Once the oil has been collected, it will need to be purged in a vacuum oven of some sort. This is where a lot of the magic happens, not to mention eliminating the solvents in the oil. Depending on the temperature, vacuum, and duration of the purge, you will end up with completely different materials. You’ve heard the terms “shatter,” “wax” or “butter” before? This stage determines the consistency of the material. The quality of solvent, flower, and purge time all figure into what the final material will look, smell and taste like.
Some people go with a long, slow purge under vacuum to try and keep as much of the natural terpene content in the material as they can. Remember, terpenes are quite volatile, so if you get your material too hot, you lose a lot of what gives oil its taste and smell.
Others prefer the hot and fast method, which not only purges out all of the solvent, but a lot of the more volatile terpenes, as well as decarboxylating the THCA by converting it to THC and releasing carbon dioxide in the process. Usually when this is done, other refinement steps are occurring, and terpenes are being reintroduced to give it some flavor. The method you use will depend on your goal for the final product.
You also can winterize the material, which basically uses ethanol to remove the lipids and waxes from the extract. Of course if you do this, you should have a good way of concentrating down your boozy material. Letting it sit out in a dish evaporating isn’t very efficient or time-friendly.
Now let’s review supercritical CO2 extraction. Basically CO2 can be heated or cooled to act as a solvent, using different pressures. When under high pressure the CO2 goes into a supercritical state. This means that it basically has the properties of a liquid while still technically being a gas. It will expand in the container and go through solids like a gas, but with the density and ability to dissolve compounds like a liquid. When low pressures are used, it is considered a subcritical CO2 extraction.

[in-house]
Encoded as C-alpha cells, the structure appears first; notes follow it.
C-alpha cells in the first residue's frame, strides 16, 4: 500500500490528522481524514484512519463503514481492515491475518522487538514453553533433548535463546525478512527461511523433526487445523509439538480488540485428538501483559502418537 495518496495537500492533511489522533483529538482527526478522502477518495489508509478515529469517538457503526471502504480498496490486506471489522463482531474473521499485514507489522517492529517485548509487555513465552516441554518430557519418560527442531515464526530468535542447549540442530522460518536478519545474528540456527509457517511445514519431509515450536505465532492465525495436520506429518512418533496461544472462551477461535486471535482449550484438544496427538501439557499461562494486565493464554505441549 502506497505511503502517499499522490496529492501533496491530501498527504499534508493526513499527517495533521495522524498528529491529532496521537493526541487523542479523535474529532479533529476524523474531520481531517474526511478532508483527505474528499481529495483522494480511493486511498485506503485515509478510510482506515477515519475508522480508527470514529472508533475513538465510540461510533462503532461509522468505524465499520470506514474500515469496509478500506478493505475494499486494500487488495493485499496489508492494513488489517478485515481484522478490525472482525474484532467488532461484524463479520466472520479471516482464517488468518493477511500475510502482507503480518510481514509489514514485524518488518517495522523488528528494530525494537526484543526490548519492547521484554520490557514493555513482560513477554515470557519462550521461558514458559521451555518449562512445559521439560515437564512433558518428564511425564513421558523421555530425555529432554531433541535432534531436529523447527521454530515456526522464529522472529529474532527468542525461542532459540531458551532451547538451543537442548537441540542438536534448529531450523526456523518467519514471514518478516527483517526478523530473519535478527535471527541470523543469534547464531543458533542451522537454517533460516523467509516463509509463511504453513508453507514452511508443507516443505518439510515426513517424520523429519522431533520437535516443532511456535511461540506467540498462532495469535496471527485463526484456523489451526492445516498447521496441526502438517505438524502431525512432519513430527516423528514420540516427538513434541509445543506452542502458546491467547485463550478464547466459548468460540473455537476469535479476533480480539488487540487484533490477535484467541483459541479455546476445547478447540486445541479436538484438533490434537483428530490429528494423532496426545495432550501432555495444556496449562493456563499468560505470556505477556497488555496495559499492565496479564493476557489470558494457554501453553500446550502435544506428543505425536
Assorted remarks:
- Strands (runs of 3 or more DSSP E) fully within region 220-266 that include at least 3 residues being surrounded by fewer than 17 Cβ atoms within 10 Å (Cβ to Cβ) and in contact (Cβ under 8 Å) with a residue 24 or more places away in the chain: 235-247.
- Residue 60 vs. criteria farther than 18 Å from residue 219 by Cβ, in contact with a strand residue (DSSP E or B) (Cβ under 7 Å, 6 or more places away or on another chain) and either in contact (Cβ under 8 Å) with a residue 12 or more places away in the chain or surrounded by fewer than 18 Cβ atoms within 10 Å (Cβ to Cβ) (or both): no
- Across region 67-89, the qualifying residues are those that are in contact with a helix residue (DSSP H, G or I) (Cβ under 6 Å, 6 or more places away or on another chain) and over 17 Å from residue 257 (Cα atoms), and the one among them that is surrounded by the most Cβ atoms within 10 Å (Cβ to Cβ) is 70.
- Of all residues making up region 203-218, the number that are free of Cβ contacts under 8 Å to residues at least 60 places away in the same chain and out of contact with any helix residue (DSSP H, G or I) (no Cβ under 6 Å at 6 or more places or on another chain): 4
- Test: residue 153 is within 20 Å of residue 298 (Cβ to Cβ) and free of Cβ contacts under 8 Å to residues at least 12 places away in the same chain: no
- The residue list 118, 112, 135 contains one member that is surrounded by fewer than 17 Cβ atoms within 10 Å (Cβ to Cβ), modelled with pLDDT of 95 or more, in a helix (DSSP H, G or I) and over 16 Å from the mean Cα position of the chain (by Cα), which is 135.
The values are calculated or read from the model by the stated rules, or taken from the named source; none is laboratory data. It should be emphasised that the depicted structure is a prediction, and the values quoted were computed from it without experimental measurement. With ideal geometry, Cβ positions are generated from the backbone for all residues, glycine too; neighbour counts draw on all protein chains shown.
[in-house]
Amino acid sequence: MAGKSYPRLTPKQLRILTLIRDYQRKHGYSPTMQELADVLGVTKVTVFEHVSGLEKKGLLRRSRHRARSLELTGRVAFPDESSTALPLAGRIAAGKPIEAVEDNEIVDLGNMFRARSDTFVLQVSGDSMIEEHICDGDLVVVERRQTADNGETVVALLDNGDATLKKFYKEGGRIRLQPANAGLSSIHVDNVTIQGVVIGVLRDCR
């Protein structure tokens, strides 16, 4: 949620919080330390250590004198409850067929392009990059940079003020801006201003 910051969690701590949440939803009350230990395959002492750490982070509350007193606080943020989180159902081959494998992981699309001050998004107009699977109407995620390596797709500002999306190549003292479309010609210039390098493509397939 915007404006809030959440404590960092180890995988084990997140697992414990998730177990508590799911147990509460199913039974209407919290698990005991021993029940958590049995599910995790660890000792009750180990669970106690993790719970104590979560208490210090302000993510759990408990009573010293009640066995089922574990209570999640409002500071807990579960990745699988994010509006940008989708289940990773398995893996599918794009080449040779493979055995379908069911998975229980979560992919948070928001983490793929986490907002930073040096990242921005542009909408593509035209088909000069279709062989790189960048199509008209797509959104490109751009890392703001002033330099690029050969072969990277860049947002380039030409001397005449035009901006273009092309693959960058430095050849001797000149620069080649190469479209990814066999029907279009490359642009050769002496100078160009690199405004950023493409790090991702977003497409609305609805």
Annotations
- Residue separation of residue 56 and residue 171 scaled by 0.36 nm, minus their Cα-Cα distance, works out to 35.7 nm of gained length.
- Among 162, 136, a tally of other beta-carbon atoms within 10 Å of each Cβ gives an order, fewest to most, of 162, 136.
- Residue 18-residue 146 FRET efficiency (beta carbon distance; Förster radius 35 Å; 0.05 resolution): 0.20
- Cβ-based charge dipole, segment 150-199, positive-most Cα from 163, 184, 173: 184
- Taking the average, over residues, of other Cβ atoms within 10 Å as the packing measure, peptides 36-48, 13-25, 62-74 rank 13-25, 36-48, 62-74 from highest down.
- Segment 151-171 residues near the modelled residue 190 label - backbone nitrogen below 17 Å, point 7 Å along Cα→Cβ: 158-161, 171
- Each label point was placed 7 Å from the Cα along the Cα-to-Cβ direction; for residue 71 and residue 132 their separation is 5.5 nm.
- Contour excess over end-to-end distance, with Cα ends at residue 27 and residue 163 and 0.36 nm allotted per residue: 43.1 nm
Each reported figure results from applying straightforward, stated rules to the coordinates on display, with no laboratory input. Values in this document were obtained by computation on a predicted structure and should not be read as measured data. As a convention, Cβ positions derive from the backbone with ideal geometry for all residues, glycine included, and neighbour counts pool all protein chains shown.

Subcritical tends to extract material that is lighter in color and with a higher terpene content than supercritical. When done right, these extractions produce a higher terpene content than normal BHO extractions, but the gear required to do them is much more expensive, with what seems like a slightly higher learning curve. If you see a vape pen cartridge with material in it that has a darker red tint, that is usually CO2 oil.
Another form of BHOis live resin. It can be a lot of things, but in my experience it’s called live because the plant material used in the extraction is as fresh as it can possibly be. If done right—keeping everything as cold as possible to preserve the natural terpene profile of the plant—you can produce something that, unless you’ve tried it, you wouldn’t believe.
Rosin, a solventless extraction method, is hotly debated in cannabis forums all over the internet. Some say it is, some say it is not an extraction. For the sake of this primer we’ll say it is. Rosin uses existing moisture in the plant material, heat, and pressure, in order to gush the oil right out of the bud. There are numerous methods for doing this using anything from a hair straightener and some parchment paper, to task-specific heated machine presses. It definitely produces some tasty stuff if you have the right bud and technique, and I recommend this method to anyone trying to make a little oil for themselves. Do this before you make the move to open blast. It’s much safer.
There’s definitely a garbage in, garbage out effect with extraction. The more garbage material going in, the more equipment and engineering education you’ll need to make a good product. When I say garbage, I mean trim, old moldy bud, or stuff with 10% or less THC content in it. You’ll get a nice extract if you put in the time to refine the oil, but it will take a lot more time refining than if you had started with better input material. Fresh buds in an ice cold chamber will always make better live resin or shatter than old crappy buds.
In the end, be safe and smart when working with flammable solvents. Be diligent and enjoy the fruits of your labor.